If you’re a fan of garden television shows, perhaps you too have noticed the waning number of garden related programs on the air these days. This is a topic very near and dear to my heart since a good bit of my time each year is spent in my role as host of gardening shows. In the process, I’ve gained a new perspective on what goes on behind the scenes in determining the type of programming that ultimately hits the airwaves. We often fail to realize, network television production is a for-profit business. And like any other, that “P” word drives many of the decisions that are made. In this case, it’s what to air and what not to air, driven in large part by advertisers and the audience they are trying to target. As a businessman, I get that.
According to the people that keep up with these sort of statistics, real gardening shows just aren’t attracting as many impressionable generation X and Y and I.M. viewers as the networks and advertisers would like. Makeover shows on the other hand, crowd TV time these days because they’re nailing the strike zone for advertisers. They have a dream, multi-generational viewing audience, and unlimited appeal to companies wanting to showcase a plethora of products. Which leads me back to my point of gardening television as it relates to advertisers. Think about the relatively small pool of businesses that see gardeners as their sweet spot, target audience.
For example, take scenario number one. You’re the media buyer for Big Box Store with instructions to spend some of that money at HGTV for commercial time. Big Box wants their ads on the shows that their target audience is watching. It’s a simple matter at this point of picking the most appropriate fit; makeover or gardening?
Now, assume you’re still the buyer and your target audience is still the same. But now, the shows they’re watching are on The Learning Channel. So, are you buying time at TLC or HGTV?
Lastly, put your shoe on the other foot. Assume you’re the executive at the network who is losing ad revenue because you’re not airing the content that the advertisers want. What do you do? The obvious answer; deliver the content the advertisers want of course; makeover or gardening?
Notice in all of this media buying / network programming speak I speak of; nowhere is the viewer mentioned. An oversight? I think not. Indeed, the viewer has some say. If the program wasn’t appealing, no matter what the genre, it wouldn’t be on the air for long. Great programming is still the key to getting airtime, but advertising dollars are what pays the bills, keeps the lights on and ultimately drives the show’s longevity. Programming directors must consider both sides, but in the end, if you’re a “for profit” network, which show are you going to air; makeover or gardening?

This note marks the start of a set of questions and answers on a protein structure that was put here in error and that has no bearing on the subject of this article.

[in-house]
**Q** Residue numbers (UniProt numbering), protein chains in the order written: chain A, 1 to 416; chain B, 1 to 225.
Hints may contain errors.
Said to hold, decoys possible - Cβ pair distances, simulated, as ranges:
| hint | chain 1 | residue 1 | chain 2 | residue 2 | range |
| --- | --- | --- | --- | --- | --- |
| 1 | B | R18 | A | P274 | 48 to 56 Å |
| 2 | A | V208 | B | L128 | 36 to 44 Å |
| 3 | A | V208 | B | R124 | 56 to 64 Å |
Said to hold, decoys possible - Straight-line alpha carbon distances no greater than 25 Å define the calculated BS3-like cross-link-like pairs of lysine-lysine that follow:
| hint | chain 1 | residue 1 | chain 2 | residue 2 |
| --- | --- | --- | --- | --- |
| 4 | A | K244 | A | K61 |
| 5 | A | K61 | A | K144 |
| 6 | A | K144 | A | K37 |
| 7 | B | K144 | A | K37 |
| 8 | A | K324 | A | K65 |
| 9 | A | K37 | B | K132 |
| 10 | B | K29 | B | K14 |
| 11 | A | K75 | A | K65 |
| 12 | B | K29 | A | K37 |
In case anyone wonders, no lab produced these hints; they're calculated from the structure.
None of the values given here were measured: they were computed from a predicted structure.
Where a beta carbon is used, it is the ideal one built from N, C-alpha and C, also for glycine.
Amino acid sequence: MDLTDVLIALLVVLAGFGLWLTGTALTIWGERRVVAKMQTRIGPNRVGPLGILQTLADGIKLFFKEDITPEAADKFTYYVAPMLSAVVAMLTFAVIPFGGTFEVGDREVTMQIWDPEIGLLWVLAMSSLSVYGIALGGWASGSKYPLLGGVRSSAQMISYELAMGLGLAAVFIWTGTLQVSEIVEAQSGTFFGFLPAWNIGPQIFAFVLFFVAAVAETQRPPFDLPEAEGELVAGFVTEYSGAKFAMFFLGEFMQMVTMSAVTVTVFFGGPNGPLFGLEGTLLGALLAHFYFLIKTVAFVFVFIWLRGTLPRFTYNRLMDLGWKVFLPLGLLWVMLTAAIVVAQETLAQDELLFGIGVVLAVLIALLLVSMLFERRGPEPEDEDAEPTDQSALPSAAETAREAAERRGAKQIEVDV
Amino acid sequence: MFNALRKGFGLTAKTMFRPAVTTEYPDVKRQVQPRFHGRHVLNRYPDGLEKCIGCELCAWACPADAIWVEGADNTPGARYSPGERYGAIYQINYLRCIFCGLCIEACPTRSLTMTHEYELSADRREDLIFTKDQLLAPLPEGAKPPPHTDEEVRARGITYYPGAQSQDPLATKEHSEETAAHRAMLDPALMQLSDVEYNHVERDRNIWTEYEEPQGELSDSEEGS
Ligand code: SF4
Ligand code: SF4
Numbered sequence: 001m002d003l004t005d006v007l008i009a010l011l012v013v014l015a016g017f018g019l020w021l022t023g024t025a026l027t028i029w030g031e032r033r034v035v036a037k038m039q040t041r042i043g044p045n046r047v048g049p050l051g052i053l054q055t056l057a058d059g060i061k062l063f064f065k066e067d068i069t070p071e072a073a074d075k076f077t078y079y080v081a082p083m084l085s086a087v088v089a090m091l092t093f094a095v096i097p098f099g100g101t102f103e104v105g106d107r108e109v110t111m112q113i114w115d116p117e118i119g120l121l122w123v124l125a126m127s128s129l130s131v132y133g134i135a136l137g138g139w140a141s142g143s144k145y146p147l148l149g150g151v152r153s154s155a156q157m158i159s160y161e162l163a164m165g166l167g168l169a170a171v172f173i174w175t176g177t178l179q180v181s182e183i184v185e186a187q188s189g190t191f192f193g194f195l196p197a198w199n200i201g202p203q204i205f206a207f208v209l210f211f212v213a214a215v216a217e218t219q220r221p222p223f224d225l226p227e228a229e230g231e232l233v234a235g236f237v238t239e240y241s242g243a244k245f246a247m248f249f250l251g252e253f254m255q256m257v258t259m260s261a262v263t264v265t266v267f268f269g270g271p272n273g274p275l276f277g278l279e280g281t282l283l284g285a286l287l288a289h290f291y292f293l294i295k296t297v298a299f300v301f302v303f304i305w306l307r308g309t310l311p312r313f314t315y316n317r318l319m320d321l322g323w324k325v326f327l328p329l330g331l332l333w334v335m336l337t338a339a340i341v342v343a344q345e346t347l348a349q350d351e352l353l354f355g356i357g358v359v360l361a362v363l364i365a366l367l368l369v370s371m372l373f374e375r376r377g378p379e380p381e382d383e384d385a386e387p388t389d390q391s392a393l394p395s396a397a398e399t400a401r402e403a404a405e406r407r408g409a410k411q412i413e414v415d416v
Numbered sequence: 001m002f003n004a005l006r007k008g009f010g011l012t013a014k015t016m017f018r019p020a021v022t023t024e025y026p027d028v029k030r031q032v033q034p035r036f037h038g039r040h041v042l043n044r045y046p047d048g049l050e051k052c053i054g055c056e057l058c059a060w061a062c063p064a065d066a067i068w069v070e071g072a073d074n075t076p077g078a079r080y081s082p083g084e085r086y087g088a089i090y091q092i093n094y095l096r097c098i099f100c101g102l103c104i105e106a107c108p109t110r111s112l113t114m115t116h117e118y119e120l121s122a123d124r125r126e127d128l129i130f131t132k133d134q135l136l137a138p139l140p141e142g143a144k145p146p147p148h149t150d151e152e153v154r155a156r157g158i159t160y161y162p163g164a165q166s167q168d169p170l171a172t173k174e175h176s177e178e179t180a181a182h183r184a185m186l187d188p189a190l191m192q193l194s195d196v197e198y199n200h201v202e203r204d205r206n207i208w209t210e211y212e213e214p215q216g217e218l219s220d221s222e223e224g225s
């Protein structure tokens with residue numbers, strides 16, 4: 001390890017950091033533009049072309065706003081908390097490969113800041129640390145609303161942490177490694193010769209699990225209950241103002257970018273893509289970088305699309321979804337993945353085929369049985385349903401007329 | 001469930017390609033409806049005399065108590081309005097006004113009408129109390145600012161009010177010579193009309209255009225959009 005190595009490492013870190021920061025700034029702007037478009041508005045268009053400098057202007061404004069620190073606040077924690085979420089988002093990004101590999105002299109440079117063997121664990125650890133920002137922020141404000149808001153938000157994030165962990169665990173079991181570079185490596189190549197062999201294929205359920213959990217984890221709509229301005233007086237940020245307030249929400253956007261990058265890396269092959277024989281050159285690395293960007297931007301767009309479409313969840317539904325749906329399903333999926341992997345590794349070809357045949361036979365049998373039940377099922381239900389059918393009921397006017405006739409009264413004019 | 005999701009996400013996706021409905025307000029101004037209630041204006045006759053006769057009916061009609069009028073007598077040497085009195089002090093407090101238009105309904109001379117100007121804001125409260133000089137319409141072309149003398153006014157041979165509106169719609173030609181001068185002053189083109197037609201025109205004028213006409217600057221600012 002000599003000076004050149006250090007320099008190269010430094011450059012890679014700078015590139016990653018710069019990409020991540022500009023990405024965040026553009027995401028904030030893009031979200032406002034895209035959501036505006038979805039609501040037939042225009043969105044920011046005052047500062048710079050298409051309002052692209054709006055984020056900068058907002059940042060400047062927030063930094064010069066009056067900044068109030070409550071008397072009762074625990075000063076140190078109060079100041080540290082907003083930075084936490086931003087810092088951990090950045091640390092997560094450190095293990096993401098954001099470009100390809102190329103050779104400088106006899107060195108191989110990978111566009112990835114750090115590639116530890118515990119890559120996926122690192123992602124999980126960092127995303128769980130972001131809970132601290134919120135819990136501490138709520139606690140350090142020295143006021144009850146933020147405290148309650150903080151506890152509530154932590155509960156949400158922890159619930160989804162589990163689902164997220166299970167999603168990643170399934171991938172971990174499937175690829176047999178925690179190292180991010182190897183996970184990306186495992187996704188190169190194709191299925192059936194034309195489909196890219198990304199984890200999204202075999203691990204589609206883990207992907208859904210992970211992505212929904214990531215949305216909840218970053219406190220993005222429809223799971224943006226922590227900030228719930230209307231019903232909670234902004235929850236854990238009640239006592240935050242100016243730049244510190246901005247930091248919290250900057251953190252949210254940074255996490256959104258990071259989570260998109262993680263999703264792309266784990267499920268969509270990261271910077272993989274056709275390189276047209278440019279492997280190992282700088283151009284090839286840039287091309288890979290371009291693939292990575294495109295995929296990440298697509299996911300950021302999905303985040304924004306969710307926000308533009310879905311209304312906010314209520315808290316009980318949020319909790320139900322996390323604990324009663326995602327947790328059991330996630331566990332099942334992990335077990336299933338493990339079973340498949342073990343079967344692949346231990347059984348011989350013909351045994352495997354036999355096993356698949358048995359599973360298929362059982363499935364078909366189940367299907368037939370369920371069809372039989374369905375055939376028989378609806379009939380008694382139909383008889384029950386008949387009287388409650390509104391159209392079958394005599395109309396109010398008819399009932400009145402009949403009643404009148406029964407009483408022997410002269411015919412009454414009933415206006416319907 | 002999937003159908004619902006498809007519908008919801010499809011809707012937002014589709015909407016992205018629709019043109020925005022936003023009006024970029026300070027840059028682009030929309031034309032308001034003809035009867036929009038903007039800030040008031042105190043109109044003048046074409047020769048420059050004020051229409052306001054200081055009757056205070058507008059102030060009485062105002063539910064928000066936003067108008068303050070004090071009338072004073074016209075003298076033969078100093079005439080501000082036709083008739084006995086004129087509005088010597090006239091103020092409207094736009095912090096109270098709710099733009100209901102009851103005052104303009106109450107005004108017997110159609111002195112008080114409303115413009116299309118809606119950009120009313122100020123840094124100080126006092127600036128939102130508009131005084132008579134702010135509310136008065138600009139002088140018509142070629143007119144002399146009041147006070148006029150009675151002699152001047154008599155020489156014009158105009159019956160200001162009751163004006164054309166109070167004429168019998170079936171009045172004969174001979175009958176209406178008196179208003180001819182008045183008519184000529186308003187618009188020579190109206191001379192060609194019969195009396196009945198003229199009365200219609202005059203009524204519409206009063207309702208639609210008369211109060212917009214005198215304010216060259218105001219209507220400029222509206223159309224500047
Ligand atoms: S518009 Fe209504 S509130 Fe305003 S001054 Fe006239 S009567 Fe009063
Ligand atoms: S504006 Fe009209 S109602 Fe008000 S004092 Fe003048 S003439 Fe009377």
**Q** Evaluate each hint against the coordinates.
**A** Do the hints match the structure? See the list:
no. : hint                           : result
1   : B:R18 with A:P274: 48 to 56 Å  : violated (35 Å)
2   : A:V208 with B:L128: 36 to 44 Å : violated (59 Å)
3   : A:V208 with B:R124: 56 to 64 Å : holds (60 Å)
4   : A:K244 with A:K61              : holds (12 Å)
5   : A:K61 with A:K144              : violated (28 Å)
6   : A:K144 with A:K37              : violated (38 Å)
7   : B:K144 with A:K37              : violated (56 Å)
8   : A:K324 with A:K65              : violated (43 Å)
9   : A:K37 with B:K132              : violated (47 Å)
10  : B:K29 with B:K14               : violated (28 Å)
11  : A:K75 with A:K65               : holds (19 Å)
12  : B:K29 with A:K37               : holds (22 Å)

So is there an answer for getting more G in HGTV? Well I think so. Your voice, and the power of your wallet matters; to the network and to the sponsors. They should be hearing from us too. We all need to let them know that gardening is alive and well and so is the audience of shows about this great American pastime.
Well, that’s it for today. This show was produced by The joe gardener® Media Network. You can order a copy of my latest book, The Green Gardener’s Guide. I will personally inscribe it for you! And don’t forget to check out my blog; Compost Confidential. If you have a comment, call us anytime. That number is 206.337.0375 or send us an email to firstname.lastname@example.org. And until next time consider this from Alexander Smith:
A man does not plant a tree for himself; he plants it for posterity.
Thanks for listening! This is Joe Lamp’l and I’ll see you back here next week for more Growing a Greener World.